Question 5.19 How can you predict when a phase of the Moon will rise, transit, and set?

1.  Creating a Sun clock and using it to predict when the Moon will rise, transit, and set

2. Example of student work illustrating how to predict rising, transiting, and setting times for a first quarter Moon.

3. Example of student work summarizing powerful ideas about the Moon

Question 5.20 What is the duration of each phase of the Moon?

Question 5.21 What aspects of the nature of science have students experienced so far?

IV. Using Central Ideas to Develop Two Explanatory Models For Day And Night

Question 5.22 Why does it get dark at night?

A. Developing the fixed Earth, revolving Sun explanatory model for day and night

B. Developing the fixed Sun, rotating Earth explanatory model for day and night

1.  Example of student work about developing two explanatory models for day and night

2.  Interpreting two different models for the same phenomenon

V. Using Central Ideas to Develop an Explanatory Model for the Phases of the Moon

Question 5.23 Why does the Moon seem to have different shapes at different times?

A. Reviewing central ideas about the relationship between the Sun and the Moon

B. Reading about a child’s insights about the phases of the Moon

C. Developing an explanatory model for the phases of the Moon

1.  Examples of student work developing an explanatory model of the phases of the Moon

D. Explaining a paradox based on detailed observations of the Moon

Question 5.24 Why does the Moon seem to move east to west over several hours but west to east over several days?

1.  Example of student work resolving the paradox about the apparent movements of the Moon

2.  Acting out explanation of this paradox

E. Considering other aspects of the Moon’s motion

Question 5.25 Does the Moon rotate while it revolves around the Earth?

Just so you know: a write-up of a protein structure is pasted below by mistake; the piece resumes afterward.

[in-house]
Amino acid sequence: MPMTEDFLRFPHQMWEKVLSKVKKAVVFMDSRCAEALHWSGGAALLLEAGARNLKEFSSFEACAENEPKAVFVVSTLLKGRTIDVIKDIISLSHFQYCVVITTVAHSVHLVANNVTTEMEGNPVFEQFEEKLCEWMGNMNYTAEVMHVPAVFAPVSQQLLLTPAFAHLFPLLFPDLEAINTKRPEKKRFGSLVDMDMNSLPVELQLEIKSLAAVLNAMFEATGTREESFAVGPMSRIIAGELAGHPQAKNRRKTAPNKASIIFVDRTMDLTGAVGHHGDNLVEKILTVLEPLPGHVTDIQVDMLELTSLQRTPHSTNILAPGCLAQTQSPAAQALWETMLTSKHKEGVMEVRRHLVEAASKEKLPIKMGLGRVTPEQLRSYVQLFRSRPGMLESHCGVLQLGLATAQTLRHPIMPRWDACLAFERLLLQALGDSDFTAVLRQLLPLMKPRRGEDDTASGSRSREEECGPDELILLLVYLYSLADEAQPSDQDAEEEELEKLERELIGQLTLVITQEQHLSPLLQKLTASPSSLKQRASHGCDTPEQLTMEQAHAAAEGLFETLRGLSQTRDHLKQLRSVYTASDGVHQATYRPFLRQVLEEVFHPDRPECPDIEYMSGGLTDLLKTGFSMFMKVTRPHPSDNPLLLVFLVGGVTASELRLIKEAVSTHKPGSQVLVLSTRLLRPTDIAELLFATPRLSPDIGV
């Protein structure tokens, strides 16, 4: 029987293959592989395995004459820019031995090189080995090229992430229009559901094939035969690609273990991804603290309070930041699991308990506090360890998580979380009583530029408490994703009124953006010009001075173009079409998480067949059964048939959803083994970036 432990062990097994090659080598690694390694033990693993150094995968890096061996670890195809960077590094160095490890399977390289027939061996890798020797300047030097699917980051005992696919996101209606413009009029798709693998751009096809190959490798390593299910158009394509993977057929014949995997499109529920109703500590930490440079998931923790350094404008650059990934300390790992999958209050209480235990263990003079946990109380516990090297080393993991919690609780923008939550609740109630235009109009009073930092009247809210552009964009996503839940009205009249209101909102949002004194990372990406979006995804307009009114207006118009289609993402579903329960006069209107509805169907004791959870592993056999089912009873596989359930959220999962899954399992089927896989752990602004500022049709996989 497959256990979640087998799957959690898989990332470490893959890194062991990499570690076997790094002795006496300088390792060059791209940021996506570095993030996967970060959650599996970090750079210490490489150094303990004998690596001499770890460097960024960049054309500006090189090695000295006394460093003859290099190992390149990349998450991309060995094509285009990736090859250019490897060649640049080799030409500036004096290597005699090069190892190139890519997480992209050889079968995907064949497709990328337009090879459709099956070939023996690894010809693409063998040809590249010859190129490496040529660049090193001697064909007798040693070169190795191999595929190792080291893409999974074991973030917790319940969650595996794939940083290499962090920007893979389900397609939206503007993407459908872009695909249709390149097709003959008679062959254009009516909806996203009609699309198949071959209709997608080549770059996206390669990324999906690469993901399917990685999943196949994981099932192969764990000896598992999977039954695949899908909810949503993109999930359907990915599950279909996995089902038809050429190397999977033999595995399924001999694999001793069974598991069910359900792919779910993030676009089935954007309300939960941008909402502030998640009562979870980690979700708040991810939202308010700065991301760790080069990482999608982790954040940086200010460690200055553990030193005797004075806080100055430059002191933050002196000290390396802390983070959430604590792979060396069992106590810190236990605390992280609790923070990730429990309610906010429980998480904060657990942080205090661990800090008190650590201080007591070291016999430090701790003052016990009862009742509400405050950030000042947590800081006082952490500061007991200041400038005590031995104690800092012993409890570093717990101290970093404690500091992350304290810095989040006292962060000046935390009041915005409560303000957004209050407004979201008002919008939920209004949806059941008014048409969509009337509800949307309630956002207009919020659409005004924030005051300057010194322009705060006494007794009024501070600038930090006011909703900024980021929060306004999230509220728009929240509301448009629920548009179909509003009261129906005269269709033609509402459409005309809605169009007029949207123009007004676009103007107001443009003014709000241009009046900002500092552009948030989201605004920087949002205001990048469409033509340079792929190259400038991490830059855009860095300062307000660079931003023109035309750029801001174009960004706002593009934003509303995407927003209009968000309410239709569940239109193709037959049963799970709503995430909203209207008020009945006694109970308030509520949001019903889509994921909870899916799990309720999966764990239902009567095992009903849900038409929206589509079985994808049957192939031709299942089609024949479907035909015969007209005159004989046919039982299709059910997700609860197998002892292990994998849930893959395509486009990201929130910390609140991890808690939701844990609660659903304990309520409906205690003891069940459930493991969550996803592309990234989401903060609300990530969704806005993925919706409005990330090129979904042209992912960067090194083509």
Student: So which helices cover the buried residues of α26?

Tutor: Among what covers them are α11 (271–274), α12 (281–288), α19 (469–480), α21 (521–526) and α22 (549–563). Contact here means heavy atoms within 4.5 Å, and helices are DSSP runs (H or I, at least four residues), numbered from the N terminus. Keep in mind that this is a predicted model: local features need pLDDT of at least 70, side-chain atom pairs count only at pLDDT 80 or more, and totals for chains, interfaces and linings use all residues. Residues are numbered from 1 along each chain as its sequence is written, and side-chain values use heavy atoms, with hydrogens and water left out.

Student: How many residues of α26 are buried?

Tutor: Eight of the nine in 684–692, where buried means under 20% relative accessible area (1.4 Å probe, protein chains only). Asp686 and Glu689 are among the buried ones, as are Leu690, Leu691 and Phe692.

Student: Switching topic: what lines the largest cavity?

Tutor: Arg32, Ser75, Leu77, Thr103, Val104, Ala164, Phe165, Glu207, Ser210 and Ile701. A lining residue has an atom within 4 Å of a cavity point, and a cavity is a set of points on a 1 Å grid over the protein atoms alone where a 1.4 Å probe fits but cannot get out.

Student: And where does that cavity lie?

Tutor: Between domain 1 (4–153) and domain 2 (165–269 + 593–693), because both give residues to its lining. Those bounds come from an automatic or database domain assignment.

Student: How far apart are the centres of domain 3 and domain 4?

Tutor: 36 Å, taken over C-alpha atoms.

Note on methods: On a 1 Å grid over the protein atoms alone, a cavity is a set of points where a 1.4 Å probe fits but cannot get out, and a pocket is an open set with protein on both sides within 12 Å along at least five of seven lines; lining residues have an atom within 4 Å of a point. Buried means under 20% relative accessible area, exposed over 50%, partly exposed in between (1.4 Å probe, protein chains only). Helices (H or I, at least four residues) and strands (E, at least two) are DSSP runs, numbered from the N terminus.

Question 5.26 What do the phases of the Moon look like from other places on the Earth?

F. Developing representations of the Sun/Earth/Moon system as seen from space

Question 5.27 How are the Sun, Earth, and Moon arranged in space?

1.  A child’s spontaneous wonderings

2.  Exploring the arrangement of the Sun, Earth, and Moon in space

Question 5.28 What are the relative sizes of the Sun and the Moon?

3.  Example of student work discussing the arrangement and relative sizes of the Sun, and Moon.

Question 5.29 How does the view of the phases of the Moon from Earth compare with the view from above the solar system?

4.  Example of student work about views of the Moon from Earth and above the solar system.

5.  Nuances about viewing the phases of the Moon from above the solar system

Question 5.30 Does the Moon revolve around the Earth in the clockwise or counter-clockwise direction?

G. Considering what happens when the Sun, Earth, and Moon are arranged in a line.

Question 5.31 What causes solar and lunar eclipses?

1.  Example of student work about the causes of lunar and solar eclipses

H. Exploring Internet resources about the Moon with a friend or family member

Question 5.32 What Internet resources are available for teaching and learning about the Moon?

1.  Example of student work about engaging a friend or family member in learning about the phases of the Moon

I. Pausing to review before taking the next step

1.  Reviewing two explanatory models for day and night